Non-Marrow Tumors Increase Among Myeloma Patients As Survival And Detection Methods Improve
Published: Mar 26, 2010 12:44 pm
As survival increases among multiple myeloma patients and as detection methods improve, a higher rate of plasma cell tumors are being detected outside the bone marrow of these patients, a new study published in the Annals of Oncology suggests. The authors also concluded that the increase is not caused by high-dose therapy or novel therapeutic agents.
Non-marrow tumors, also known as extramedullary disease, occur when plasma cell tumors develop outside of the bone marrow in soft tissue or organs.
Coinciding with the use of high-dose therapy and targeted drugs such as Revlimid (lenalidomide), Velcade (bortezomib), or thalidomide (Thalomid), the rate of non-marrow myeloma has increased, and many researchers are concerned there may be a connection between the two events. In this study, researchers examined the relationship between treatment with high-dose therapy or novel agents and non-marrow tumors.
Researchers analyzed the data of 1003 patients treated at the University of Pavia in Italy between 1971 and 2007. Patients were divided into three groups according to the treatments that were available during their time period. Group 1 included patients treated between 1971 and 1993, when conventional dose chemotherapy was commonly used. Group 2 included patients treated between 1994 and 1999, when high-dose therapy was introduced as first-line therapy for patients under the age of 65 years. Group 3 included patients treated between 2000 and 2007, after the introduction of novel agents. Researchers followed up with patients for a median of 30 months.
Of the 1003 participants, 7 percent had already developed tumors outside the bone marrow at the time of their myeloma diagnosis, and 6 percent developed non-marrow tumors within the follow-up period, bringing the total to 13 percent.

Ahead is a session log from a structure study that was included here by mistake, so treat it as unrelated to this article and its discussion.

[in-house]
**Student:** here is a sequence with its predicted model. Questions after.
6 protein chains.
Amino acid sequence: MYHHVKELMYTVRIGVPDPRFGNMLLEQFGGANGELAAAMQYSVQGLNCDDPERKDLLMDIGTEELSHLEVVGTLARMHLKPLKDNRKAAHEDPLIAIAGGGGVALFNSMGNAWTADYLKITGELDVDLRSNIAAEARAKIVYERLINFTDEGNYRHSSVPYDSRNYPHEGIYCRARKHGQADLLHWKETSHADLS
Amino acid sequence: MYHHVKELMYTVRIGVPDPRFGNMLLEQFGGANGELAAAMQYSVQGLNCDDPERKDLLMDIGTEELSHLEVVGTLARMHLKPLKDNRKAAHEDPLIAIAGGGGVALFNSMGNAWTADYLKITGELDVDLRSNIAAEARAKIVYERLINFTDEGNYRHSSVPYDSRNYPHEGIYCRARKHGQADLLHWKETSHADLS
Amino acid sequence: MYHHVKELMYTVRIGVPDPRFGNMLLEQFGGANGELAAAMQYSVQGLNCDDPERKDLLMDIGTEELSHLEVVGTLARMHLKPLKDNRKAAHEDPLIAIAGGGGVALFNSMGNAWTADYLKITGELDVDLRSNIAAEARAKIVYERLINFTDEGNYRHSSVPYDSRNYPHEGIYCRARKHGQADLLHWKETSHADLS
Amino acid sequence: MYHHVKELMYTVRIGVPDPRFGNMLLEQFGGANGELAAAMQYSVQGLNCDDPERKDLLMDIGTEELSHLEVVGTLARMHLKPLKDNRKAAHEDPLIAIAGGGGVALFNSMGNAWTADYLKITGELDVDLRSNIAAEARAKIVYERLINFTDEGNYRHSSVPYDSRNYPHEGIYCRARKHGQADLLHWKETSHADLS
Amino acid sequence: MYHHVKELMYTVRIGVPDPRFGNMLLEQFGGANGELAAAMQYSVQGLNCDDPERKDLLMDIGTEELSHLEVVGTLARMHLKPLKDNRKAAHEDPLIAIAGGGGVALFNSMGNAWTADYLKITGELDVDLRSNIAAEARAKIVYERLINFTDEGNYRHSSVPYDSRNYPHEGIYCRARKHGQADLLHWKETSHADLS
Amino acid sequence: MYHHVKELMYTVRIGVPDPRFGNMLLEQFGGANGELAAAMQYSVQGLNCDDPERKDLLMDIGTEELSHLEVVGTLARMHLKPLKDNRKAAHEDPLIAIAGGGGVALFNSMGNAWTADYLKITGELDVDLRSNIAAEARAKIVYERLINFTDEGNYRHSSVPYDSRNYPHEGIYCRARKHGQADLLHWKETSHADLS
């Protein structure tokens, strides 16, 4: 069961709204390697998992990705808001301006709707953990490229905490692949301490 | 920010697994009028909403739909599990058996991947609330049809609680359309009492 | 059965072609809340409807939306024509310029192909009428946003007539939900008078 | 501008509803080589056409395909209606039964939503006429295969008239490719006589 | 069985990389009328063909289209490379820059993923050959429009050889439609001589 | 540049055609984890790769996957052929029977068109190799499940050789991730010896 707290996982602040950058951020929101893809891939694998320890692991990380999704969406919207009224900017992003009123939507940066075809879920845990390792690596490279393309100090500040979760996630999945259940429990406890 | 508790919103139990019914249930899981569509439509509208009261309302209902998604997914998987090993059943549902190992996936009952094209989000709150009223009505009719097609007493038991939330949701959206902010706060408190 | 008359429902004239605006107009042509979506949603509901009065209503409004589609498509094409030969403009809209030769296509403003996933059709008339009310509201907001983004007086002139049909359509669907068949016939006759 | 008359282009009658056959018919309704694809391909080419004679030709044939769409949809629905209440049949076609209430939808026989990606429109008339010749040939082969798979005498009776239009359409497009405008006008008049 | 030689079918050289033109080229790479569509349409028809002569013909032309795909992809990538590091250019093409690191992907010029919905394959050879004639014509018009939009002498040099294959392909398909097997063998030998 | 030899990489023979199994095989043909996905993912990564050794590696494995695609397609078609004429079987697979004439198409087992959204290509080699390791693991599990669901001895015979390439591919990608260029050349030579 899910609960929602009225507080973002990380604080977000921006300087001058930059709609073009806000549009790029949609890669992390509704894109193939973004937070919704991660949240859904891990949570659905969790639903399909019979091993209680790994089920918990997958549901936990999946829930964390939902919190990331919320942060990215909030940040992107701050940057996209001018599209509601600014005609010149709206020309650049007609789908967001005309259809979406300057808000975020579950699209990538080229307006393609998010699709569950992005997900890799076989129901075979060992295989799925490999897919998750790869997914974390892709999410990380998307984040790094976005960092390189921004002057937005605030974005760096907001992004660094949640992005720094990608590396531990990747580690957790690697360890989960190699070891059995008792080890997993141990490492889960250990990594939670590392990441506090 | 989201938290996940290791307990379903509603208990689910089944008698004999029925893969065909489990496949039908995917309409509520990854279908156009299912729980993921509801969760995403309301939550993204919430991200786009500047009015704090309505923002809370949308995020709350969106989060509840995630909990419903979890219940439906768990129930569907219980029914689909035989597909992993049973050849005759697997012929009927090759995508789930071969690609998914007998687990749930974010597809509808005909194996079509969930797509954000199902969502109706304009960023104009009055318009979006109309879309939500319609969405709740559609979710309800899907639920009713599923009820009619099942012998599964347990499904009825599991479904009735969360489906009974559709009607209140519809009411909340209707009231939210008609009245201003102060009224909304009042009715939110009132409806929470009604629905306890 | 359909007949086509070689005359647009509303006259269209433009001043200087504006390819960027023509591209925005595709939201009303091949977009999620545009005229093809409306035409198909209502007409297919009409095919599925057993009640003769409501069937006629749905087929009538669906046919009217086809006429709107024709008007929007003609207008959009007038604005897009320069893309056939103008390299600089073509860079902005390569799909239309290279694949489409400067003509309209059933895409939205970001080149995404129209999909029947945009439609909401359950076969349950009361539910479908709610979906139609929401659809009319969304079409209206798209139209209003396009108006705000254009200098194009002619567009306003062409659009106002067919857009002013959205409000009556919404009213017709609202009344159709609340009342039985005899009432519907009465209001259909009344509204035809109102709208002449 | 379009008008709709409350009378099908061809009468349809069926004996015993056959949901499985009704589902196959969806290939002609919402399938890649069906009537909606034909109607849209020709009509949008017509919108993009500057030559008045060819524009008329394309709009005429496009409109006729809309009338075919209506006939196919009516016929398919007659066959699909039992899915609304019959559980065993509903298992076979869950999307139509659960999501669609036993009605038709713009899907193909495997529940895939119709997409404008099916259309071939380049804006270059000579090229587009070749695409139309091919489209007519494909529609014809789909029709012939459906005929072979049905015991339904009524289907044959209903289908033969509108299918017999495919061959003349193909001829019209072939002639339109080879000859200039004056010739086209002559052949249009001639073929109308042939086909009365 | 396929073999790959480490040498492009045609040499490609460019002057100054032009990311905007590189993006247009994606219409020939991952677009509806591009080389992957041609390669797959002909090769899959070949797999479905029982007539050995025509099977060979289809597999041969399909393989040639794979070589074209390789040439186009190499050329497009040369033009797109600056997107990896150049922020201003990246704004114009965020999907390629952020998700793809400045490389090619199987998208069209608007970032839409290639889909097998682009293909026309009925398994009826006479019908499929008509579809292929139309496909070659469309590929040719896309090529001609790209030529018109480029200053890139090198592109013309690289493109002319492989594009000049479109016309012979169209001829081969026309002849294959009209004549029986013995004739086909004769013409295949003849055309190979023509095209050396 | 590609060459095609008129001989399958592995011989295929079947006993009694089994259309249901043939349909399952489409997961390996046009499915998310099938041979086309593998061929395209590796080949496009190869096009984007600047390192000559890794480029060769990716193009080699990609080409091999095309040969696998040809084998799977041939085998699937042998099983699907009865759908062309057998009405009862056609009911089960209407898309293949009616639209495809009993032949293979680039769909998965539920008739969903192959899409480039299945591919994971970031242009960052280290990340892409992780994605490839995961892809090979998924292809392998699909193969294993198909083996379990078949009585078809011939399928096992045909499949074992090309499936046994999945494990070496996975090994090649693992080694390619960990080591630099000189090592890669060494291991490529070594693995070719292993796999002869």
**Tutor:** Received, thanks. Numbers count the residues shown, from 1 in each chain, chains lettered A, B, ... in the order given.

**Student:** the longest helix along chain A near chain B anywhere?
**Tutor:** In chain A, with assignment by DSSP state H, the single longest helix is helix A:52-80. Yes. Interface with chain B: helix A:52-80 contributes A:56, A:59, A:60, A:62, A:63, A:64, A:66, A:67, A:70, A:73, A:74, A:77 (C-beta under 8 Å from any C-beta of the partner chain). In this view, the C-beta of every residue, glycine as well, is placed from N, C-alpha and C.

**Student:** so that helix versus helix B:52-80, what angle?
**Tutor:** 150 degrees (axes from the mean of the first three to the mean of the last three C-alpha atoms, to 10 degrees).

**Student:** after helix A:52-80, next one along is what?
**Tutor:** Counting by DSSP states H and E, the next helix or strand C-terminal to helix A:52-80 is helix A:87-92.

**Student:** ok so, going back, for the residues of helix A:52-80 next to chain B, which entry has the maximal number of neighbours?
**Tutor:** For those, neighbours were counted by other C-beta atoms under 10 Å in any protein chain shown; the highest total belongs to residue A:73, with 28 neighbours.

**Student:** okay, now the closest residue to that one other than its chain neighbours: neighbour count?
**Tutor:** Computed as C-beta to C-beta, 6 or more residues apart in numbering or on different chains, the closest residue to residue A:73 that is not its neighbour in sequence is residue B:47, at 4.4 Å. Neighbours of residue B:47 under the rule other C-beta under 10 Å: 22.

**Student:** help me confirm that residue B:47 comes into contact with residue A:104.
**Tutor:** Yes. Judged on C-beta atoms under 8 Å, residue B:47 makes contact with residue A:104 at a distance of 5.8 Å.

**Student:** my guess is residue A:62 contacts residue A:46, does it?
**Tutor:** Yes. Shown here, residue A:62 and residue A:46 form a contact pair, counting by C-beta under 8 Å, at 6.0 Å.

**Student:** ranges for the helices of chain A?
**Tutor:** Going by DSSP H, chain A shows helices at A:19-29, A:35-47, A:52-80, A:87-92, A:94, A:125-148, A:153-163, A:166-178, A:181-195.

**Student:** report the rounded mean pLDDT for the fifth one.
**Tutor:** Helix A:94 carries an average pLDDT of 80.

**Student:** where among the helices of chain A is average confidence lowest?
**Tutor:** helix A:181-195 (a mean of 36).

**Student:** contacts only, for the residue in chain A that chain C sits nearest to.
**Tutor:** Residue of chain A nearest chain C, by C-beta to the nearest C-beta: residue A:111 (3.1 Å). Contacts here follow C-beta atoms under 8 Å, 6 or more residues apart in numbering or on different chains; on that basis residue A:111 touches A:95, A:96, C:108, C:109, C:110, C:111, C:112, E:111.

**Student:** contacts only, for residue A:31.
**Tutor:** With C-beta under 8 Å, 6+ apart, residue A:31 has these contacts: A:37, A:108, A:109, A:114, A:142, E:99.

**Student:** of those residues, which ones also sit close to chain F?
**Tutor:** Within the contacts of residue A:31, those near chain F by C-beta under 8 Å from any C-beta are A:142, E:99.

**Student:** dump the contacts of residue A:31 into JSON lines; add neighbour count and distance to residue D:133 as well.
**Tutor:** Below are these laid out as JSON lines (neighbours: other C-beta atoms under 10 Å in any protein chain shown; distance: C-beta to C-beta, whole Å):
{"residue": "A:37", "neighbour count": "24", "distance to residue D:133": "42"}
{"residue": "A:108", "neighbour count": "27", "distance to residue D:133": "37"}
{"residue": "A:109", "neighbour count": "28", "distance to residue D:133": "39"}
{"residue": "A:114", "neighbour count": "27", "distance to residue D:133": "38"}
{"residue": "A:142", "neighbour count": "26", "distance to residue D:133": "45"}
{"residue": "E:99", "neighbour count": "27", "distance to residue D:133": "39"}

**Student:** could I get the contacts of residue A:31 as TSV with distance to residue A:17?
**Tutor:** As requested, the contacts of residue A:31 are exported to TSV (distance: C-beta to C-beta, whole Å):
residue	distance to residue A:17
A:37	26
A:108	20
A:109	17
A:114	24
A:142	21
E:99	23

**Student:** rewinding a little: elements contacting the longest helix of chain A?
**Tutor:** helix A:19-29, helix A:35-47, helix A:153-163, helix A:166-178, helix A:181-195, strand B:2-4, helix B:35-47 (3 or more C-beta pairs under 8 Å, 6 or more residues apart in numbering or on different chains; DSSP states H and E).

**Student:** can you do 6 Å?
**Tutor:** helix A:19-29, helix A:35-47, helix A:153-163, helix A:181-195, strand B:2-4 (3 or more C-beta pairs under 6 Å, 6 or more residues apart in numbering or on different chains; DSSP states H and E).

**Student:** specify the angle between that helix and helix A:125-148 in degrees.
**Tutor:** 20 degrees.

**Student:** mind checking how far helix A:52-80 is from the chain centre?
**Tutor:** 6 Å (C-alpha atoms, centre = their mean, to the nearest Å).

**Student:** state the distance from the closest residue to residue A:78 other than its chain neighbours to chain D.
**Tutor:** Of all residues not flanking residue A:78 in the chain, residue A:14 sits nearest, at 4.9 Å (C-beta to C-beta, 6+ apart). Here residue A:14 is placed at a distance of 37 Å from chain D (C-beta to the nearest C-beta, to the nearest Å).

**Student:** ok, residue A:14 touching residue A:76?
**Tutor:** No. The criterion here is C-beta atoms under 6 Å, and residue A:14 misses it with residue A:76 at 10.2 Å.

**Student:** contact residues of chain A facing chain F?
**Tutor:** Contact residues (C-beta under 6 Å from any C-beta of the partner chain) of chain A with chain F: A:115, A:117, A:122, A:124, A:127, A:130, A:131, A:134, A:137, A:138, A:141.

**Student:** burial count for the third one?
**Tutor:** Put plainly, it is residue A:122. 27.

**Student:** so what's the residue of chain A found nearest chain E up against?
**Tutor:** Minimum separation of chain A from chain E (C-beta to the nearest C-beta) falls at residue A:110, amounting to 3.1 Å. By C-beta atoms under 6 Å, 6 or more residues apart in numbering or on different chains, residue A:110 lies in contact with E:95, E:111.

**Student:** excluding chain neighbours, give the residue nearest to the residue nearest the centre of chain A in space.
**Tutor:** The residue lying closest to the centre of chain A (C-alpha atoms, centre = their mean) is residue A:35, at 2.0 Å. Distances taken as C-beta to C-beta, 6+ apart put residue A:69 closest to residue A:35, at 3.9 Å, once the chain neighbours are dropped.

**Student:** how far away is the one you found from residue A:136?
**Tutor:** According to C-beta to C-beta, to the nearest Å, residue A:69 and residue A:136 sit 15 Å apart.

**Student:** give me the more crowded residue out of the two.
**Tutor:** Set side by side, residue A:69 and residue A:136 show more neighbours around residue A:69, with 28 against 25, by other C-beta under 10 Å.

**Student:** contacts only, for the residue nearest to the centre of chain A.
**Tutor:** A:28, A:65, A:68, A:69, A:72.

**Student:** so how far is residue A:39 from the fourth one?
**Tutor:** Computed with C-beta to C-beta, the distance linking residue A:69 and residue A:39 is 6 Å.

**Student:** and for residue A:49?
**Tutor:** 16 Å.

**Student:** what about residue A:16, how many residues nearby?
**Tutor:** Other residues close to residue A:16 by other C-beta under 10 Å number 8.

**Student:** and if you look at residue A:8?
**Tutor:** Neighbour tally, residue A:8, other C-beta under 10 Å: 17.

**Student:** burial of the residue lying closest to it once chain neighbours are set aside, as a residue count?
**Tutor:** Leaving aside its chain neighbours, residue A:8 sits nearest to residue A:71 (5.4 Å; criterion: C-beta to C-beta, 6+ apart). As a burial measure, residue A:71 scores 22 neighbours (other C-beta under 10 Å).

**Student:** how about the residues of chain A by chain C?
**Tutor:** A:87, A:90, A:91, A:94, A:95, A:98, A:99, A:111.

Researchers noticed that the chance of a patient developing a non-marrow tumor increased over time – from an average of 1 out of 150 patients per year between 1971 and 1993 to 1 out of 65 patients per year between 1993 and 1999 and to 1 out of 20 patients per year between 2000 and 2007.
Among patients with non-marrow tumors at diagnosis, those who received high-dose therapy had survival similar to patients who never developed non-marrow tumors. However, patients with non-marrow tumors at diagnosis who did not receive high-dose therapy experienced a shorter progression free survival.
Patients who developed non-marrow tumors during the course of their myeloma experienced both shorter progression free and overall survival.
Despite the increase in non-marrow tumors in recent years, the researchers determined that treatment with high-dose therapy, Velcade, Revlimid or thalidomide did not increase the risk of developing non-marrow tumors.
Instead, the researchers found that more non-marrow tumors are being detected because patients are living longer and because detection methods are improving, allowing physicians to detect tumors that would have gone unnoticed in previous decades.
Over the three time periods studied, median overall survival increased from 32 months to 45 months to 54 months. From 2000 to 2007, the onset of tumors beyond the marrow occurred much later after multiple myeloma diagnosis than in previous years (an average of 34.6 months versus 18.9 months). Therefore, researchers concluded that as life expectancy for multiple myeloma lengthens, tumors outside the bone marrow have more time to develop, contributing to the sudden increase in non-marrow tumors.
The study authors wrote that they are unaware of any studies focusing on treatment for myeloma patients with non-marrow tumors. However, they stated that some studies have indicated that Velcade may be effective, while thalidomide appears to have low efficacy in this population of myeloma patients.
For more information, please see the journal Annals of Oncology (abstract).